B.C. powering up for green initiatives

VANCOUVER, BRITISH COLUMBIA - British Columbia will ask private industry for a new slate of green electricity proposals in the spring, Premier Gordon Campbell says, as the government pushes to more quickly develop clean energy for the province and for export.

This new call for green power would quickly follow contracts expected to be awarded soon to companies that made proposals to BC Hydro in the last request for clean electricity - plans that were submitted a full year ago.

Mr. Campbell's announcement, in response to questions from reporters after a speech at a power producers conference, represents a redoubled effort to develop green electricity in the province.

It comes after the development process stalled in the summer and as B.C. faces fresh competition from Ontario, where the new Green Energy Act aims to spark a surge of clean-power development and lure investment dollars from elsewhere.

Speaking to industry leaders at a lunchtime address, Mr. Campbell said he wanted to deliver a clear and unequivocal message that B.C. backs clean-power development.

"Clean energy will be a cornerstone," Mr. Campbell said as he also officially announced a new "green energy advisory task force" to report to the Premier and cabinet to accelerate green-power development.

In B.C., green developers have focused on wind power and run-of-river energy. The latter has been controversial and attracted protest. Run-of-river projects pull water out of mountain streams and move it through a turbine to generate electricity before the water is returned to the river.

Opponents have various grievances: They are against private power generation; they worry about the impact on fish; they say too many projects will be built; and they are against the export of electricity.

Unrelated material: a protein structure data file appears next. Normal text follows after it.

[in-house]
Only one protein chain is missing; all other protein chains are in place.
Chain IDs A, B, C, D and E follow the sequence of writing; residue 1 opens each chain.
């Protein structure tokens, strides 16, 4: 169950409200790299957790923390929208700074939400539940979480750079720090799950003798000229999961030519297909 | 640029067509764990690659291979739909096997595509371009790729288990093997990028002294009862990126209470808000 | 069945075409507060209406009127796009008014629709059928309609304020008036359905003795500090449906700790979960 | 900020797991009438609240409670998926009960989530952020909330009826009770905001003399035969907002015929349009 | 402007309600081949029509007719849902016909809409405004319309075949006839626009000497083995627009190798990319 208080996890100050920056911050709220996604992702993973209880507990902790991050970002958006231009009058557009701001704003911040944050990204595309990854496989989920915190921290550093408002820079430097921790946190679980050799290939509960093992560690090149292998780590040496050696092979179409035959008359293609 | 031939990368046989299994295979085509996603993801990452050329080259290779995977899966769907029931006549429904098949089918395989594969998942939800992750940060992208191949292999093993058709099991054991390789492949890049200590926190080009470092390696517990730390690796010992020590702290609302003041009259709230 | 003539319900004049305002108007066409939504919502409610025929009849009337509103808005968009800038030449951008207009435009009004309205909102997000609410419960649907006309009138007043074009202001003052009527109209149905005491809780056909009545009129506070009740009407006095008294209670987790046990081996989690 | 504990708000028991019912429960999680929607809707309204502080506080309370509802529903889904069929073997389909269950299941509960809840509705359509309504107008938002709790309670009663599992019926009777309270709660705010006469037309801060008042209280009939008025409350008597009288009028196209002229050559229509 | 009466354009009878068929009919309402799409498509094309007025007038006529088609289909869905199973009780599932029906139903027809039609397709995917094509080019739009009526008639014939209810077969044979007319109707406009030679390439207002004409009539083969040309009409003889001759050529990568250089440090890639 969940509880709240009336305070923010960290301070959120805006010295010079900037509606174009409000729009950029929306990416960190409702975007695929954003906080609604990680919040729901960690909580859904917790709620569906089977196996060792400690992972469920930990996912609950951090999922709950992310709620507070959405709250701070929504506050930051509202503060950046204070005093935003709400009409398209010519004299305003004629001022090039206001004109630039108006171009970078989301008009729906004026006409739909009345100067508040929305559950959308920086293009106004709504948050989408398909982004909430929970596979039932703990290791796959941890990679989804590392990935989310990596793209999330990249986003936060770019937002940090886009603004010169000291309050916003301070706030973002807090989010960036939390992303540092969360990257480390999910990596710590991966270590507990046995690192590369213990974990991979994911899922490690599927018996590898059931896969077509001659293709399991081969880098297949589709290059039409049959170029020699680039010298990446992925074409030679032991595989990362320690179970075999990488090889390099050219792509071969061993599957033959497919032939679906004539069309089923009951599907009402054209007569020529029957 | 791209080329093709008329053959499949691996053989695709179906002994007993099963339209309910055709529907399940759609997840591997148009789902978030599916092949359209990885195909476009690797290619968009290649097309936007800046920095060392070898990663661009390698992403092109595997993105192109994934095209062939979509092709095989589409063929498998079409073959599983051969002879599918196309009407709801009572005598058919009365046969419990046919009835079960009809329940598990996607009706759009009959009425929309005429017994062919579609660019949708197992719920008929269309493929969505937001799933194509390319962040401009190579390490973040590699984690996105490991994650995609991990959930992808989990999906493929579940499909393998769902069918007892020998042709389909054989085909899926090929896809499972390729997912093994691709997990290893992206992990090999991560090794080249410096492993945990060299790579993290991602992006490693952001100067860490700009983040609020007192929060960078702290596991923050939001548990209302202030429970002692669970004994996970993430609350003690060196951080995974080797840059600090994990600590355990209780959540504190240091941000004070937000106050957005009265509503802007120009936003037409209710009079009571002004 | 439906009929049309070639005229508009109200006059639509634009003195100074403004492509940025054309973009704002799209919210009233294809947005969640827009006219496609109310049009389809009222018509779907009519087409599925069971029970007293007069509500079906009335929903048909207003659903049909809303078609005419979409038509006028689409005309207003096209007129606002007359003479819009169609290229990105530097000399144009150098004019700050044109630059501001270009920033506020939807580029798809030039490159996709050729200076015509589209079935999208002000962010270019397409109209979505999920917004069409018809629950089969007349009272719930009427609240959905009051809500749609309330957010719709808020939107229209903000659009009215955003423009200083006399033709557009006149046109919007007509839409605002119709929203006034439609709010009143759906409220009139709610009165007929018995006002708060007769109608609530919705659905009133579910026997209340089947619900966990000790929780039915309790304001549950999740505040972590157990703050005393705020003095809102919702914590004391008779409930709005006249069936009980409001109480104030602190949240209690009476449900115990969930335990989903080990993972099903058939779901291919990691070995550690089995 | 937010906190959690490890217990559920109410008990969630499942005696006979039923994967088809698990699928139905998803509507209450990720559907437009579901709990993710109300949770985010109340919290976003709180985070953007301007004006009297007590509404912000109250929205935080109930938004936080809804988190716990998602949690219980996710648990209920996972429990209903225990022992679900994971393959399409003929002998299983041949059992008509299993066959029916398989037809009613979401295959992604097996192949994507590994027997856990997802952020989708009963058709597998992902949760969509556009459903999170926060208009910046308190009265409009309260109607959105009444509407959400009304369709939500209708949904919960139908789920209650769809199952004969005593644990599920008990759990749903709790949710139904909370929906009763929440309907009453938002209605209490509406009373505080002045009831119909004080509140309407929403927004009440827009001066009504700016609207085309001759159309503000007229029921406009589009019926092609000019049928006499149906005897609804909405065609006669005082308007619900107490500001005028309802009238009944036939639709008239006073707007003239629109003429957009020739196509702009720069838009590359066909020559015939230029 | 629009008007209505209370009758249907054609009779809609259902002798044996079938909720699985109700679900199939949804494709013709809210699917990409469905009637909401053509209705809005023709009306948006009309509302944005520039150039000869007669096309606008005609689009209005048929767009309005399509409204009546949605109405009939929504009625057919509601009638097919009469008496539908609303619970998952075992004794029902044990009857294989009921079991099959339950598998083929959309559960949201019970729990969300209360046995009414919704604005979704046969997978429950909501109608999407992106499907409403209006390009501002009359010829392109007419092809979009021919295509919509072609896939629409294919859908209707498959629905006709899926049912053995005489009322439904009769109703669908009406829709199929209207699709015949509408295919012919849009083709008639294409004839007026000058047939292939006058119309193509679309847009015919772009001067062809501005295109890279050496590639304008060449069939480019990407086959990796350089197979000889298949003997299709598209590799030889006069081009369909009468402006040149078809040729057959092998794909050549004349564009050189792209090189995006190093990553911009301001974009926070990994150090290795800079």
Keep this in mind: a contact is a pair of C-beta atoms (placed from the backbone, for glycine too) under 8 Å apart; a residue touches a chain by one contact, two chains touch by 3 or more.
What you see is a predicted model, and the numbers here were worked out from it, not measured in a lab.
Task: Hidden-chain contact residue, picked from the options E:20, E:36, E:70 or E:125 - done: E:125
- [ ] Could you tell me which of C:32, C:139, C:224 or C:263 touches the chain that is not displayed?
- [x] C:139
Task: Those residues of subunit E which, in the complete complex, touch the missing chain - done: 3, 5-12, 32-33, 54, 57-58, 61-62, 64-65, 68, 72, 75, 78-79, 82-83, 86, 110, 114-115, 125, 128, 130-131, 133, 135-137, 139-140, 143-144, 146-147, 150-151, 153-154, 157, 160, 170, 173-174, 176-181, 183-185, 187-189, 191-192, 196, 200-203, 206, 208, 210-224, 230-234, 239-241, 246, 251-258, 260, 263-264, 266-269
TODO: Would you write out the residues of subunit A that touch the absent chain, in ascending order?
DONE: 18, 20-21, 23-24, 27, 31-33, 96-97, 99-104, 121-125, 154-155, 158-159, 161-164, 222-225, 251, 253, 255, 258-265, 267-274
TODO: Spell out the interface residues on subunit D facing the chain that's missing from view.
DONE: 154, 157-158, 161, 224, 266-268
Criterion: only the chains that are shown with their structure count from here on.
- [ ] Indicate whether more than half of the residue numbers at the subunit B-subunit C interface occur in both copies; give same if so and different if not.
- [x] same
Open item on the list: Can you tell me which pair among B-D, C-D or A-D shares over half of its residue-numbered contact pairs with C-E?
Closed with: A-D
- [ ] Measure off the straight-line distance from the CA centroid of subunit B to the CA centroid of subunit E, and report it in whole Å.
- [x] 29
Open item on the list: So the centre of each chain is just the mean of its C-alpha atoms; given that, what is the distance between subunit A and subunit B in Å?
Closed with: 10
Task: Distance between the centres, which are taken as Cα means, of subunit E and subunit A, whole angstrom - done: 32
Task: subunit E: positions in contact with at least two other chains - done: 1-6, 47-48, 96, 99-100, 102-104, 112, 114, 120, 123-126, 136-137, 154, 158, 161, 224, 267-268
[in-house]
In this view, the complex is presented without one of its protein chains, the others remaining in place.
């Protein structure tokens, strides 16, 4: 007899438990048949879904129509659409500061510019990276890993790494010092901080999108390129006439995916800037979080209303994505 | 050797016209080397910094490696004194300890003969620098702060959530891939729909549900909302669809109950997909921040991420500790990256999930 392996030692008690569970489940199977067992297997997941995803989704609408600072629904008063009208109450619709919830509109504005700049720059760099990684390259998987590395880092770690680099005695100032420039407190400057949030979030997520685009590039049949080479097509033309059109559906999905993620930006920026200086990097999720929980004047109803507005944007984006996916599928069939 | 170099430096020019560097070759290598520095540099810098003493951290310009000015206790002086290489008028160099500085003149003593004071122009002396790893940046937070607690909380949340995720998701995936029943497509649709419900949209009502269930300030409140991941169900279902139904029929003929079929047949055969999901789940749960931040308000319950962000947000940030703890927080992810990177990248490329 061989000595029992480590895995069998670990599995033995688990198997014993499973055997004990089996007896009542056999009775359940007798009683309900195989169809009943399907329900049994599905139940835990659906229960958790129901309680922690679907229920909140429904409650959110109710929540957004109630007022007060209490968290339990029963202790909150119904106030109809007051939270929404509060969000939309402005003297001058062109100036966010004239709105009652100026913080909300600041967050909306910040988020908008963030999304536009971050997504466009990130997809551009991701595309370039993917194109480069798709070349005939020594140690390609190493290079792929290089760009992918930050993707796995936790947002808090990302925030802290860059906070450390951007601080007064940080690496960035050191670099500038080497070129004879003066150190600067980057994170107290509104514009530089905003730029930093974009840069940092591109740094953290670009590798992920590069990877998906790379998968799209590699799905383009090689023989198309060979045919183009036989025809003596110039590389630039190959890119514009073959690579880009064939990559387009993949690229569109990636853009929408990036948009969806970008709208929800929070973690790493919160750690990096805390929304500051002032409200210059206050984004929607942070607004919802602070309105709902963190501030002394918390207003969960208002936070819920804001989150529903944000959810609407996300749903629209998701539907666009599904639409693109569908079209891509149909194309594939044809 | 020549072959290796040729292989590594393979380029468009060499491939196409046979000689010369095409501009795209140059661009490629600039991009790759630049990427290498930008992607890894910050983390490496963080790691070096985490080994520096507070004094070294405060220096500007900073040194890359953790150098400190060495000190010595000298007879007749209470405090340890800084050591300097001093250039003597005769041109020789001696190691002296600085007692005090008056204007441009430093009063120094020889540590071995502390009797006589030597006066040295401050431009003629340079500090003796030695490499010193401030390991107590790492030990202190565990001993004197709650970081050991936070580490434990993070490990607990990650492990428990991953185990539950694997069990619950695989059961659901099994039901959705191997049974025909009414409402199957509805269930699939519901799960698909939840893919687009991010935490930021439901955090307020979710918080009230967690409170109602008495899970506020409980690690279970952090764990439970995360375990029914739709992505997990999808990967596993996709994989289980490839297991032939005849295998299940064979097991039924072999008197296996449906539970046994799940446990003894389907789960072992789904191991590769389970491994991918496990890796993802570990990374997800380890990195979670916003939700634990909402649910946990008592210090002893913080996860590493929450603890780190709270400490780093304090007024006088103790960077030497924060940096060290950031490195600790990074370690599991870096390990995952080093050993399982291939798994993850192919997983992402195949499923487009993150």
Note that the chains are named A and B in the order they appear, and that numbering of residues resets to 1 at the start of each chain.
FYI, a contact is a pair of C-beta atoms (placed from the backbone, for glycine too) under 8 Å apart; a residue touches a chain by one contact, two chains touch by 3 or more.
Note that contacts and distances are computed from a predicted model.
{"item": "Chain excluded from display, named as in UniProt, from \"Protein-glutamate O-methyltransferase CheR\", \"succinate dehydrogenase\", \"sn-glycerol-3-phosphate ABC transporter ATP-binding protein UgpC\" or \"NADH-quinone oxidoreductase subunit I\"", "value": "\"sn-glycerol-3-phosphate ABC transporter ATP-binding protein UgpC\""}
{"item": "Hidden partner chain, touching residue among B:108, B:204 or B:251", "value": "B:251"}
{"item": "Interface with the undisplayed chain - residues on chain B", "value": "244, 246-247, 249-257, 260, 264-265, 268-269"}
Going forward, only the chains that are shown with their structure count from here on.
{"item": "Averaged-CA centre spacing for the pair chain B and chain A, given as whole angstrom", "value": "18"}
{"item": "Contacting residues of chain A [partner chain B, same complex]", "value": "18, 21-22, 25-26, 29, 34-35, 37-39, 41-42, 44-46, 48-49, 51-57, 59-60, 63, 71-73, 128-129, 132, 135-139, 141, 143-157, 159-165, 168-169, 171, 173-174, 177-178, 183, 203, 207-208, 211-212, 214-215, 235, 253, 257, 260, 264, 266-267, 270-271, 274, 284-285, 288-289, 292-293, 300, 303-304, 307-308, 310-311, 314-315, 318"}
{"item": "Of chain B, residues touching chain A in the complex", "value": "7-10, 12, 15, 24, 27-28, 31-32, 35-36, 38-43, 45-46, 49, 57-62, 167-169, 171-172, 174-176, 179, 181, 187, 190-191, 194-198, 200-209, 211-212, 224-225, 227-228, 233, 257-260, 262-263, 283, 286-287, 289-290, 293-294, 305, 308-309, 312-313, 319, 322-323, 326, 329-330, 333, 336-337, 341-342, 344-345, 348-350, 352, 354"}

Outside of the Vancouver hotel where Mr. Campbell spoke, a half-dozen people demonstrated, including one person in a salmon costume.

The province's last green development process was plunged into disarray in July when the BC Utilities Commission, a regulator, told BC Hydro that the plans for new clean power weren't in the public interest. Among the conclusions, the commission said that BC Hydro had overestimated electricity demand and that the old natural gas-fuelled Burrard Generating Station could be relied upon for additional power.

Mr. Campbell's government effectively quashed the ruling when it told the utilities commission that BC Hydro needs to cut its reliance on the greenhouse-gas-spewing Burrard facility, a decision the government said in August that it was planning to make.

As part of the stop-go green power process, the provincial government has explicitly made exports part of its goals, which gives it and BC Hydro leeway to call for as much development as it thinks private industry is willing to handle.

Companies are still somewhat skittish after the confusing summer. Paul Sweeney, president of developer Plutonic Power Corp., which organized yesterday's conference, said he wants to see the results of last year's green-power call before thinking about the new one Mr. Campbell said will come in the spring.

Plutonic, with partner General Electric Co., is developing a run-of-river project north of Vancouver. It had submitted a large proposal to BC Hydro in last year's green-power call.



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